Well, if you’ve survived the MIKE post and the SWEDE post, you’ve probably guessed that I like acronyms. However, TMASTB (Too Many Acronyms Spoil The Broth), so I’ll present one more and go back to discussing other issues. However, these three acronyms together will drive a lot of what I talk about and, with any luck, I’ll have strangers around the world muttering “MIKE THE SWEDE” at each other.
I’m not holding my breath.
There are so many different ways to educate, some many different environments, students and teachers, choosing an approach that will work can sometimes appear to be an overwhelmingly difficult problem. How do I cater for everyone? How do I deal with large ranges in ability? How can I be fair to all the groups I deal with and, at the same, fair to myself and my own family, giving myself enough time to work and live.
This is where “THE” comes in. I’m not trying to solve every educational problem, I’m thinking about higher education. The students that I deal with have already shown that they can handle education to some extent, whether traditional classroom-based study, collaborative group learning in more experimental frameworks or home-schooling. They have passed sufficient entry requirements to attend classes at my institution. They can read. They can write. They are fundamentally numerate. They may have pre-requisite subject requirements to meet on top of this. For example, all of my students have at least one course of mathematics to the matriculation level. As an educator, I have so much to be grateful for in that a lot of the hard work has already been done by the educators before me, who excited these students about learning, who gave them the basis upon which they could develop to the point that they made it to me. For the families who supported them, or the groups that supported the students or the families when they families couldn’t do it by themselves.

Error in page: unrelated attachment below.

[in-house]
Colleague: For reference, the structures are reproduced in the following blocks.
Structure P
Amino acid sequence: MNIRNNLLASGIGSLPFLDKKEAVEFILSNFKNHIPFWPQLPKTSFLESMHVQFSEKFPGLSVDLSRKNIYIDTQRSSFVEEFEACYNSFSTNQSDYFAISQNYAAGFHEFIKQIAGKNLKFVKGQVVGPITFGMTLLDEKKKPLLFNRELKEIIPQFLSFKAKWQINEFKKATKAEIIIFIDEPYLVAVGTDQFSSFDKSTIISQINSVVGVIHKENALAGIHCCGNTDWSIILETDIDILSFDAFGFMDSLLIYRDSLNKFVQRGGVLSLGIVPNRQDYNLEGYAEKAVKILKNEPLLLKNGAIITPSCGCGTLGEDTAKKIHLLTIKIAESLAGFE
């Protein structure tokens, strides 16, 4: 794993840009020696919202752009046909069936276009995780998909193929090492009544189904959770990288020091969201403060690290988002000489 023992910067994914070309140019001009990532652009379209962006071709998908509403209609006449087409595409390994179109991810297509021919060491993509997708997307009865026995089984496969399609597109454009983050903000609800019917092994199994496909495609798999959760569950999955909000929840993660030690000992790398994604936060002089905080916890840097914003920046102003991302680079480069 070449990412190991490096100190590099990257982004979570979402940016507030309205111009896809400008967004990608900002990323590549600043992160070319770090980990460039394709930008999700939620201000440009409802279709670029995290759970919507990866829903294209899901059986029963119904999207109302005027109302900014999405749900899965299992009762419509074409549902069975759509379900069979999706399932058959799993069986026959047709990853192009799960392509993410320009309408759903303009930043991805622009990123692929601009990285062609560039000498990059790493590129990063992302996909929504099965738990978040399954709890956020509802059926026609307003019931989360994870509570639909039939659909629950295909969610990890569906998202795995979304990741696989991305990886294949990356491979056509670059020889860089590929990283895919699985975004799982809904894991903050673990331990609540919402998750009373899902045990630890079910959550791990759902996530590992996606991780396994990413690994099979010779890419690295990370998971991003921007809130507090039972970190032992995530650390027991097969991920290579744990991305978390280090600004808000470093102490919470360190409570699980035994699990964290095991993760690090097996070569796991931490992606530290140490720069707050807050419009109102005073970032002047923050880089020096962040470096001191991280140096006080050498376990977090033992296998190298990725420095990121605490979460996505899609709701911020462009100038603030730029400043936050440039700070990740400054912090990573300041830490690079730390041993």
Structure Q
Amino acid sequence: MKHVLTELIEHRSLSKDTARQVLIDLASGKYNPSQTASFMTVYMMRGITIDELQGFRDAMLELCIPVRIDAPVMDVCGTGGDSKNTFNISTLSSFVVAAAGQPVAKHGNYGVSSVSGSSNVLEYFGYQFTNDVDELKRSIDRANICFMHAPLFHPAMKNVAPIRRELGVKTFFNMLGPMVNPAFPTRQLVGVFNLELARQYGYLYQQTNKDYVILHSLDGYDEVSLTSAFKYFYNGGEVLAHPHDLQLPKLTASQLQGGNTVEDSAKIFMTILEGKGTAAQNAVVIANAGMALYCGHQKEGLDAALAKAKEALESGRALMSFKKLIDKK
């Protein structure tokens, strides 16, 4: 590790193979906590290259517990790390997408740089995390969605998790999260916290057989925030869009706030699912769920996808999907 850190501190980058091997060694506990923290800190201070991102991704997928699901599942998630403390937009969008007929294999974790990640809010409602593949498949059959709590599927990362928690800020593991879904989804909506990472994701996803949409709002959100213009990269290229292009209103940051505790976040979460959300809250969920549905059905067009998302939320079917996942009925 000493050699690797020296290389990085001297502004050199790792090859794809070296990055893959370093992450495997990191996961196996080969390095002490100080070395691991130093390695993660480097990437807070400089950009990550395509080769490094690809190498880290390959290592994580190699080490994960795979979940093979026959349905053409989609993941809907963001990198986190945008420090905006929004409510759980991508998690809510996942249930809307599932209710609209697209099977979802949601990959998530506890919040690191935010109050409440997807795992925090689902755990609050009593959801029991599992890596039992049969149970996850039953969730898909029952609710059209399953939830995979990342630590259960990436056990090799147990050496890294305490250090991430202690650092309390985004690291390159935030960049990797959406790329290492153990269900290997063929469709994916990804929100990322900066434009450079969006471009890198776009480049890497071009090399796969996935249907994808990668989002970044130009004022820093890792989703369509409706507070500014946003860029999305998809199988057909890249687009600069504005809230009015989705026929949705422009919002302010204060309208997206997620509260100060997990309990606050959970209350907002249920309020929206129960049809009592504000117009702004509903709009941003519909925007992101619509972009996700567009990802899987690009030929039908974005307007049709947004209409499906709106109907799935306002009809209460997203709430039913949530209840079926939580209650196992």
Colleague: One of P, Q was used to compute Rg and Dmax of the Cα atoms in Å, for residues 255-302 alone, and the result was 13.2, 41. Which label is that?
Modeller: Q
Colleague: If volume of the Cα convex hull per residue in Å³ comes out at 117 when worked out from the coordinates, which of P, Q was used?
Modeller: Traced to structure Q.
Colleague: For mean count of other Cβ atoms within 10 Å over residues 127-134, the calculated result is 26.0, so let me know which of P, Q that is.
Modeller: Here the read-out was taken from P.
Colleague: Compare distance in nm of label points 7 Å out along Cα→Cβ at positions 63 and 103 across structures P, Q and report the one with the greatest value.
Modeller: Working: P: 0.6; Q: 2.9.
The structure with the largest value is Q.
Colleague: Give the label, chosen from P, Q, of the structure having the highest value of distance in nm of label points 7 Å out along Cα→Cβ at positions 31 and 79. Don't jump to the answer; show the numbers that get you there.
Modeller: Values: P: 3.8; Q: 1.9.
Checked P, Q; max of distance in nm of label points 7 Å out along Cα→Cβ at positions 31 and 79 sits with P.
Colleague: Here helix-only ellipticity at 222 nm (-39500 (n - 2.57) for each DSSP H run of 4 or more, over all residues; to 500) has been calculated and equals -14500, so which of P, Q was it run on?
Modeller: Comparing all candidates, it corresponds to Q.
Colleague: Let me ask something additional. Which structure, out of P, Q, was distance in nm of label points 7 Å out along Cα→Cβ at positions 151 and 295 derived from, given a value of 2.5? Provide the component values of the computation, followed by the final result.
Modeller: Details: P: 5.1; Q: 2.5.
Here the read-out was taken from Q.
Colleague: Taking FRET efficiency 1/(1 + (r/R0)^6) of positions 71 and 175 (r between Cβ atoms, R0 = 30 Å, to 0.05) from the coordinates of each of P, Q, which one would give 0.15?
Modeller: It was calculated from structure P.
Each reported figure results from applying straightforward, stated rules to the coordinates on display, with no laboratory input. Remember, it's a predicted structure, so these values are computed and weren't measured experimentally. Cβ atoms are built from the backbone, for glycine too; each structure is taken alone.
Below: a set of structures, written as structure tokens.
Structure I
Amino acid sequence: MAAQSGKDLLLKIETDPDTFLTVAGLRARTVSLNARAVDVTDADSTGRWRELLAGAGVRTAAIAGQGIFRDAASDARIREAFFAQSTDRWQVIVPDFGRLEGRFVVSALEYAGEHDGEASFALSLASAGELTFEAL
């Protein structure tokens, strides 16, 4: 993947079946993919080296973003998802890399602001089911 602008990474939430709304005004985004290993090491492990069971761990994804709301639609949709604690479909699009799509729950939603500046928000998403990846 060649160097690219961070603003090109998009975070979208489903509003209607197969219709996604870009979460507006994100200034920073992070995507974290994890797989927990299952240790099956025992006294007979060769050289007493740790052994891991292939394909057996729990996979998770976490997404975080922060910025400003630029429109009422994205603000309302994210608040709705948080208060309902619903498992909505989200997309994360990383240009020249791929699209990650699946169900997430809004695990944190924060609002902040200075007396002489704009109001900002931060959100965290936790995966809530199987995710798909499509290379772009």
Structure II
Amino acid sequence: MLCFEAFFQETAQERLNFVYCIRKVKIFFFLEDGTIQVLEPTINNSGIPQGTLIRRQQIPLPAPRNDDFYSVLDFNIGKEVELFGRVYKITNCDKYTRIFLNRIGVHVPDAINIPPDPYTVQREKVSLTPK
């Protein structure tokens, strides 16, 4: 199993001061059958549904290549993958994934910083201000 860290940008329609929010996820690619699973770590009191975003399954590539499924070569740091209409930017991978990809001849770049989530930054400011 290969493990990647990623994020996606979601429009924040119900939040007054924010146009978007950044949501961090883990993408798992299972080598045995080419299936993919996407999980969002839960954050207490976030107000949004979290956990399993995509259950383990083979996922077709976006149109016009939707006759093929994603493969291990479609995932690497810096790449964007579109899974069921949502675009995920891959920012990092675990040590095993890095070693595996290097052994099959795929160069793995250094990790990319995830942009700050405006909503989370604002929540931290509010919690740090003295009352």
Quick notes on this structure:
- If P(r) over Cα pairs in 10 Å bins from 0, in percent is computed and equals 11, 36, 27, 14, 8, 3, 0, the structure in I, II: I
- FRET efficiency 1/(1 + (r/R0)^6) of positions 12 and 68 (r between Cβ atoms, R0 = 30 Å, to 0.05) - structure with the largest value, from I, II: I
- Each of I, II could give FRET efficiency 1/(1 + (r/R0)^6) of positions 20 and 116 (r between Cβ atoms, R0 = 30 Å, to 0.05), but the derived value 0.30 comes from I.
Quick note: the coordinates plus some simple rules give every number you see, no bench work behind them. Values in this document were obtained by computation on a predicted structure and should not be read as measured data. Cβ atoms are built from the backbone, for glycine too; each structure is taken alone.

I looked into publishing a book once, on computerising wineries (previous career), and I attended a really interesting workshop on pitching books to publishers. One of the most important pieces of advice was that no book was ever really suitable for ‘all ages from 8 to 80’, so don’t claim it. Work out who your book is for, write it for that group and then advertise it correctly. Who should my courses be suitable for? What do they come in with? What do I want them to leave with? How do I tell people that they will benefit from this course so come and try it?